If you want to add a new technique to your marketing plan, you may require new tools and skills. These tools can include a website, marketing automation systems, social media platforms and search engine optimisation strategies. You can either devote time to learning new skills or hire competent professionals to build and execute new marketing strategies.
7. Write your marketing plan in detail
Turn your strategy into a written plan that includes a schedule and a list of tangible actions to be taken. This strategy can assist you in monitoring your progress. Include a marketing calendar and a marketing budget in your strategy. The calendar displays the time frame in which you can carry out your strategy, which is usually a quarter or a year. It lays out the steps you can take and encourages you to commit to them.
The budget outlines the costs of the tools and resources you identify, use and consume during the process. You may also benefit from devoting five to 10 per cent of the overall budget to address emergencies and contingencies. A successful marketing plan comprises your value proposition and information about your target market, brand positioning, advertising strategies, distribution channels and the budget you allot for the plan.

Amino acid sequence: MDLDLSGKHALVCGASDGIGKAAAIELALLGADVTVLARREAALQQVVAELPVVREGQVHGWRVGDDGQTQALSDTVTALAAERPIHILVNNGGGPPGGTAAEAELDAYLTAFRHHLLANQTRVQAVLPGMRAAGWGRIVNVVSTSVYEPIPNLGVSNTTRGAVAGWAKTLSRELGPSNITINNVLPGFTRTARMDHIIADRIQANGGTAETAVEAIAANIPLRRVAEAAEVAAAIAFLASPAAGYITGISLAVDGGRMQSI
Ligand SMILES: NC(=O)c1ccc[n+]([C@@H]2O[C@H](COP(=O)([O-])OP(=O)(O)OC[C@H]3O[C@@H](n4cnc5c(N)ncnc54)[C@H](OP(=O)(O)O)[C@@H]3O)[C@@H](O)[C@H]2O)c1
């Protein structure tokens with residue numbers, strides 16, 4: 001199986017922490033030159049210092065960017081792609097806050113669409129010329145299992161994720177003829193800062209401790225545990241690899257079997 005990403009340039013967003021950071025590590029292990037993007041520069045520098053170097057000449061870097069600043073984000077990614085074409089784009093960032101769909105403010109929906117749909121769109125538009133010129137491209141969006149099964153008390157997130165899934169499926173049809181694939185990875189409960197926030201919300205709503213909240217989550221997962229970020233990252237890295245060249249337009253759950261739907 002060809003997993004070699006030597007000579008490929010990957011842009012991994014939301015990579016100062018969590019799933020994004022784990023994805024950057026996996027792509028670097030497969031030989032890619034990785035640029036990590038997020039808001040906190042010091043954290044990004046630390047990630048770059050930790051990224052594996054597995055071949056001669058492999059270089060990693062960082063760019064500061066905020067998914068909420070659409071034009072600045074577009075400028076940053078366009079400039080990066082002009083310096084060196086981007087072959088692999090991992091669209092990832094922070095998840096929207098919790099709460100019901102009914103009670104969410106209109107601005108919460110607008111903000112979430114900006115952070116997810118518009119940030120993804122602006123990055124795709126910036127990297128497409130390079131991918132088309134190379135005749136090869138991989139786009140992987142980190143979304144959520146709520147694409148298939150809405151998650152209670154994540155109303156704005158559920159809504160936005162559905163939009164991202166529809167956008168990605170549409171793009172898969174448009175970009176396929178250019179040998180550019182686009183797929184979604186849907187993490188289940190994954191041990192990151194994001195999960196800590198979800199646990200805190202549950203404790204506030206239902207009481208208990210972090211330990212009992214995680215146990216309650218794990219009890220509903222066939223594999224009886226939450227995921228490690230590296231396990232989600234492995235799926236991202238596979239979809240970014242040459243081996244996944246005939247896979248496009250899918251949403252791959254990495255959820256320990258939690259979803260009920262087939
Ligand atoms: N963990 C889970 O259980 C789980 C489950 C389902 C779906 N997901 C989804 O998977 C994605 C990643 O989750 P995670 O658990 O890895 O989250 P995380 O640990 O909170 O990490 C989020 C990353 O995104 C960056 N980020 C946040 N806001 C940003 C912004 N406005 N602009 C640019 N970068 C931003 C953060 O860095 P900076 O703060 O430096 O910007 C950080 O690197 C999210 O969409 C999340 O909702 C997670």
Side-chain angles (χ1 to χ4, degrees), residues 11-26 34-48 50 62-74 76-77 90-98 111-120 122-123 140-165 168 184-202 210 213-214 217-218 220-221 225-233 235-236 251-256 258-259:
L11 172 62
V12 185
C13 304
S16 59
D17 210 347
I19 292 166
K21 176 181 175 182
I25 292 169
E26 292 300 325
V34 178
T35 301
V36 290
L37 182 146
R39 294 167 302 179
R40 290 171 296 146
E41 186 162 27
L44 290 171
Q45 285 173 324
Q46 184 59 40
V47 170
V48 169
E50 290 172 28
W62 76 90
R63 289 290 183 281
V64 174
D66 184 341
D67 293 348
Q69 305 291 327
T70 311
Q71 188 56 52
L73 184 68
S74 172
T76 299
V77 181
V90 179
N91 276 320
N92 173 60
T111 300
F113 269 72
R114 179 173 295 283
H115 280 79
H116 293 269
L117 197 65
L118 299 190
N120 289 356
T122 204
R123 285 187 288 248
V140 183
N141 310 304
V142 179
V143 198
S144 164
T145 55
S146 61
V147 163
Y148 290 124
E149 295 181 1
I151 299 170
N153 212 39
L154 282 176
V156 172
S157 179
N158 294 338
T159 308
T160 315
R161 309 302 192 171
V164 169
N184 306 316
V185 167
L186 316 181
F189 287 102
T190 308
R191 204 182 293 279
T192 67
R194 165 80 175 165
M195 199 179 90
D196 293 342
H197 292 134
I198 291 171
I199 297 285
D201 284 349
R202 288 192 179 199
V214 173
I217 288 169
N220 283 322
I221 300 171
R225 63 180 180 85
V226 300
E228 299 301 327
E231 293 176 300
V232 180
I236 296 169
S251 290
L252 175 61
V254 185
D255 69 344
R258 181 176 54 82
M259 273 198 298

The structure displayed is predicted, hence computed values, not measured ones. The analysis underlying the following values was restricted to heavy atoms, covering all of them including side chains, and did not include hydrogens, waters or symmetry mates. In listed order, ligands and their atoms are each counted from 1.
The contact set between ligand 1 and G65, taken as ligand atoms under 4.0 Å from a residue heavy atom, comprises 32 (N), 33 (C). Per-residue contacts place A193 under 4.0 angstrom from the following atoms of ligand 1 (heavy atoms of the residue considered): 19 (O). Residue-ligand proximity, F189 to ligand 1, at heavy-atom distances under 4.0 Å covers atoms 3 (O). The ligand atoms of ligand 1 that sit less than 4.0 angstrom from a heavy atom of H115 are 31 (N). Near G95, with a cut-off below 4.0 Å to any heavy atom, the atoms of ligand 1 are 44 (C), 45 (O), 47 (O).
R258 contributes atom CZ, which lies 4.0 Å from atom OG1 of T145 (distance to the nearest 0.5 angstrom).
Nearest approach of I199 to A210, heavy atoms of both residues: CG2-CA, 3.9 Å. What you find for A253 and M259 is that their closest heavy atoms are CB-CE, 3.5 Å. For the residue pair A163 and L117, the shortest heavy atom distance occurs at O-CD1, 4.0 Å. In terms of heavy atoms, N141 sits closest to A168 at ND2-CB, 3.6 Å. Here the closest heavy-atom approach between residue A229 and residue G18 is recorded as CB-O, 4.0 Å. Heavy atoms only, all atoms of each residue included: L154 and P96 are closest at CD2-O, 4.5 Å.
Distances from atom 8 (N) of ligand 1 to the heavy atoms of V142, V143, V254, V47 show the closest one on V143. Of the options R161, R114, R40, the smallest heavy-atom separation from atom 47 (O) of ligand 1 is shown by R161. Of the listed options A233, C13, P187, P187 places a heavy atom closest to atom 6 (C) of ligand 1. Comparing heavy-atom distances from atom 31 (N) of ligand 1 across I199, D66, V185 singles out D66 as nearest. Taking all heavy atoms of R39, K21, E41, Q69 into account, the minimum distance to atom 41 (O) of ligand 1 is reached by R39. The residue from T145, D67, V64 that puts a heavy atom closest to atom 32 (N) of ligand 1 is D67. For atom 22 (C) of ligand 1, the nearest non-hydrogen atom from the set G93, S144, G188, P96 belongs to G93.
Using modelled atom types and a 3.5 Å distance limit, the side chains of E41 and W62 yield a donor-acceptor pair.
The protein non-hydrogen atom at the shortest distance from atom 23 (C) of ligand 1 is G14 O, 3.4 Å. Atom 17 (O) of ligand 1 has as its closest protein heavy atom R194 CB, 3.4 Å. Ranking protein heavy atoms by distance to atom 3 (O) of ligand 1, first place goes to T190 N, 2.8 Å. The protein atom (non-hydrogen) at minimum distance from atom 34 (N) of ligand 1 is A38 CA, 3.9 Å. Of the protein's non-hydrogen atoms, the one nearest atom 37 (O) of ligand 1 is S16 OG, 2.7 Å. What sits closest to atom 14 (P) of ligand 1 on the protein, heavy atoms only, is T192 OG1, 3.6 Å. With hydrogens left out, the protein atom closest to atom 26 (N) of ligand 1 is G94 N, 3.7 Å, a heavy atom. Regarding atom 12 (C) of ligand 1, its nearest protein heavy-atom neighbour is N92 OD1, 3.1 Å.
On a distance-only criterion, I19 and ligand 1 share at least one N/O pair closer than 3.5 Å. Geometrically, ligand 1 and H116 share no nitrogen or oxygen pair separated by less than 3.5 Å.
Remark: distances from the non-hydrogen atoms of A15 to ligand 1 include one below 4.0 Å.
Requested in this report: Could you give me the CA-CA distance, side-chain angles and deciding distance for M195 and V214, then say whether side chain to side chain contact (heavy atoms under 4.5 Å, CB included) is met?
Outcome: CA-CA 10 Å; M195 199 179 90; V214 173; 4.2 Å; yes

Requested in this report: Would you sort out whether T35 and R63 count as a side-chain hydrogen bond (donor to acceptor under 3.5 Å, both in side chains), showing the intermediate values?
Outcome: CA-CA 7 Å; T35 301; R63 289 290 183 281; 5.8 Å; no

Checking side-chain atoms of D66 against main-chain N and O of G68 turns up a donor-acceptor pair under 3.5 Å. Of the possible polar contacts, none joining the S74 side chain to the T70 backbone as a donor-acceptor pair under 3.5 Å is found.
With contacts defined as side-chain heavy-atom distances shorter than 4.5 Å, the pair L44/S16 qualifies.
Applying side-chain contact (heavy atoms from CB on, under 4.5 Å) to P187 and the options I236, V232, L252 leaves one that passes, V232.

Types Of Marketing Planning Processes
Here are the common types of marketing planning processes:
Long-term marketing planning
Long-term marketing planning initiatives extend over the course of several years. It is typically the responsibility of top-level management officials. This marketing plan establishes future goals, strategies and a framework within which a company can develop short-term plans. Long-term marketing is beneficial for improving existing processes, determining what works and what does not, and optimising leads and conversions. The selection of a price policy, distribution channels and media advertising services are all examples of long-term marketing planning.